Ancient Israel: Its Life and Institutions

By Roland De Vaux ; John McHugh | Go to book overview

CHAPTER FOUR
CHILDREN

1. Attitude to children

AT a peasant or Bedouin wedding in modern Palestine, a pomegranate is sometimes split open on the threshold of the house or at the opening of the tent: its grains symbolize the many children their friends wish them.

In ancient Israel, to have many children was a coveted honour, and the wedding guests often expressed the wish that the couple would be blessed with a large family. As Rebecca leaves her family, she is blessed with the words: 'O sister of ours, become the mother of thousands of ten thousands' ( Gn 24: 60). When Boaz marries Ruth, the wish is expressed that his young wife may be 'like Rachel and Leah, the two who built up the house of Israel' ( Rt 4: 11-12). First Abraham and then Isaac received the promise that their posterity would be countless as the stars in the sky ( Gn 15: 5; 22: 17; 26: 4). God promised Hagar, too, that her posterity would be past counting ( Gn 16: 10). Children are 'the crown of man' ( Pr 17: 6), and sons are 'olive plants around the table' ( Ps 128: 3), 'a reward, like arrows in the hand of a hero; happy the man who has his quiver full of them' ( Ps 127: 3-5).

Sterility, on the other hand, was considered a trial ( Gn 16: 2; 30: 2; 1 S 1: 5) or a chastisement from God ( Gn 201: 18), or a disgrace, from which Sarah, Rachel and Leah all tried to clear themselves by adopting the child which their maids bore to their husbands ( Gn 16: 2; 30: 3, 9).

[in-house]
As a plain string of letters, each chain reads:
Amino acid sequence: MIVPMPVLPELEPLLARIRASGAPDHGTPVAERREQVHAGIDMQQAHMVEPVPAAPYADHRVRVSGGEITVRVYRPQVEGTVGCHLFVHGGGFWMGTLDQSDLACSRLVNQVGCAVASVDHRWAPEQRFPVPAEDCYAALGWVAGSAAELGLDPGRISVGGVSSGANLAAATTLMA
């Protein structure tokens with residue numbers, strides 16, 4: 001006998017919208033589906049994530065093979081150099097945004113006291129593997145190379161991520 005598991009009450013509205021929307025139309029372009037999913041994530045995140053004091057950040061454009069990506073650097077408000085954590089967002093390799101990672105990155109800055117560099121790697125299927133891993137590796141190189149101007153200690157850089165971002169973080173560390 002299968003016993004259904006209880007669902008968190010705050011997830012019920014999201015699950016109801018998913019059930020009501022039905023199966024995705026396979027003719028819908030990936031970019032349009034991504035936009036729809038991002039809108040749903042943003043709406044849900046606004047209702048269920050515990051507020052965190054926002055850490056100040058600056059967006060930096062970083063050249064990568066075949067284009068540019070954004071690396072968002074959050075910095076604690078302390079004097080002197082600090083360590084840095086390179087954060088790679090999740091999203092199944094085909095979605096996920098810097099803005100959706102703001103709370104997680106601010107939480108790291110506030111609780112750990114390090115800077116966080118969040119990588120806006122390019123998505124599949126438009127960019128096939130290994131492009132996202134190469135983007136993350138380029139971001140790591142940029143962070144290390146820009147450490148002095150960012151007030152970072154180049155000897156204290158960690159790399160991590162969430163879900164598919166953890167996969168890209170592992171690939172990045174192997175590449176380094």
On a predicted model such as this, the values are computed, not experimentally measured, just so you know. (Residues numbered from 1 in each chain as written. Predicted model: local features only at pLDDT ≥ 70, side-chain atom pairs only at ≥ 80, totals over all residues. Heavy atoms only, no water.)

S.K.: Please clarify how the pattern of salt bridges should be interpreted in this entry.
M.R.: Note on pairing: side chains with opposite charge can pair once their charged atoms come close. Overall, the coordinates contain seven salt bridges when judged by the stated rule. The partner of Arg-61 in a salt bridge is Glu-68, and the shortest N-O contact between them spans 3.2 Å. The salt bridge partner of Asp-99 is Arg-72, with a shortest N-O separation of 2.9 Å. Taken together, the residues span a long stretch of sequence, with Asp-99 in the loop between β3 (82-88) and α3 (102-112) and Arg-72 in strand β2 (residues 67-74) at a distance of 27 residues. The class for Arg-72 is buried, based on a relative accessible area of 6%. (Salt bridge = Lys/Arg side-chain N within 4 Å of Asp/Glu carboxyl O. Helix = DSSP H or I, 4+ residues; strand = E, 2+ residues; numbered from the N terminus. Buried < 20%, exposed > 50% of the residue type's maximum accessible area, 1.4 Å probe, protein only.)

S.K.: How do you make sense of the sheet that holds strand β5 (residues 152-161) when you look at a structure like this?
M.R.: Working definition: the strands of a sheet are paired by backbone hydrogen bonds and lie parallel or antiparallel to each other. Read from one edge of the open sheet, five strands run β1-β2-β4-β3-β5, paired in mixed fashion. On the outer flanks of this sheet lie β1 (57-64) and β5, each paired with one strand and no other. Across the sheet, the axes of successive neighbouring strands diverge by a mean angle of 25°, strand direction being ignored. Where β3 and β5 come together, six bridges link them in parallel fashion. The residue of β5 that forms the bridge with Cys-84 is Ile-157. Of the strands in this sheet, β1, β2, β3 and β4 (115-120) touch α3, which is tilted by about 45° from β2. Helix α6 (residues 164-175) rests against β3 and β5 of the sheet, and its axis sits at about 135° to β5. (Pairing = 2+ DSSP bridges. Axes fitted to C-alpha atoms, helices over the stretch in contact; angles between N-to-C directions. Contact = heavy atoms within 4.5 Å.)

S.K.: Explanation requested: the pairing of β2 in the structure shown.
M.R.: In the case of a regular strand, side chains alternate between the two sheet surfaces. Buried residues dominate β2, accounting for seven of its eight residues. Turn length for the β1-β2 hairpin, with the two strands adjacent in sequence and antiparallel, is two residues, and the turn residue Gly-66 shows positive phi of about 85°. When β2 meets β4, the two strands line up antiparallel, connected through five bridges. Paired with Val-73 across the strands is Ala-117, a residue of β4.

All these texts show that the Israelites wanted mainly sons, to perpetuate the family line and fortune, and to preserve the ancestral inheritance. Daughters were held in less regard; they would leave the family when they married, and so the strength of a house was not measured by the number of its daughters.

Among the sons, the eldest enjoyed certain privileges. During his father's lifetime, he took precedence of his brothers ( Gn 43: 33). On his father's death he received a double share of the inheritance ( Dt 21: 17) and became the head of the family. With twins, the first to see the light was reckoned the eider ( Gn 25: 24-26; 38: 27-30; although Zerah's hand was seen first. Peres was the elder--cf. 1 Ch 2: 4--because he was the first to emerge from his mother's womb). The eldest could lose his right of primogeniture for a grave offence,

-41-

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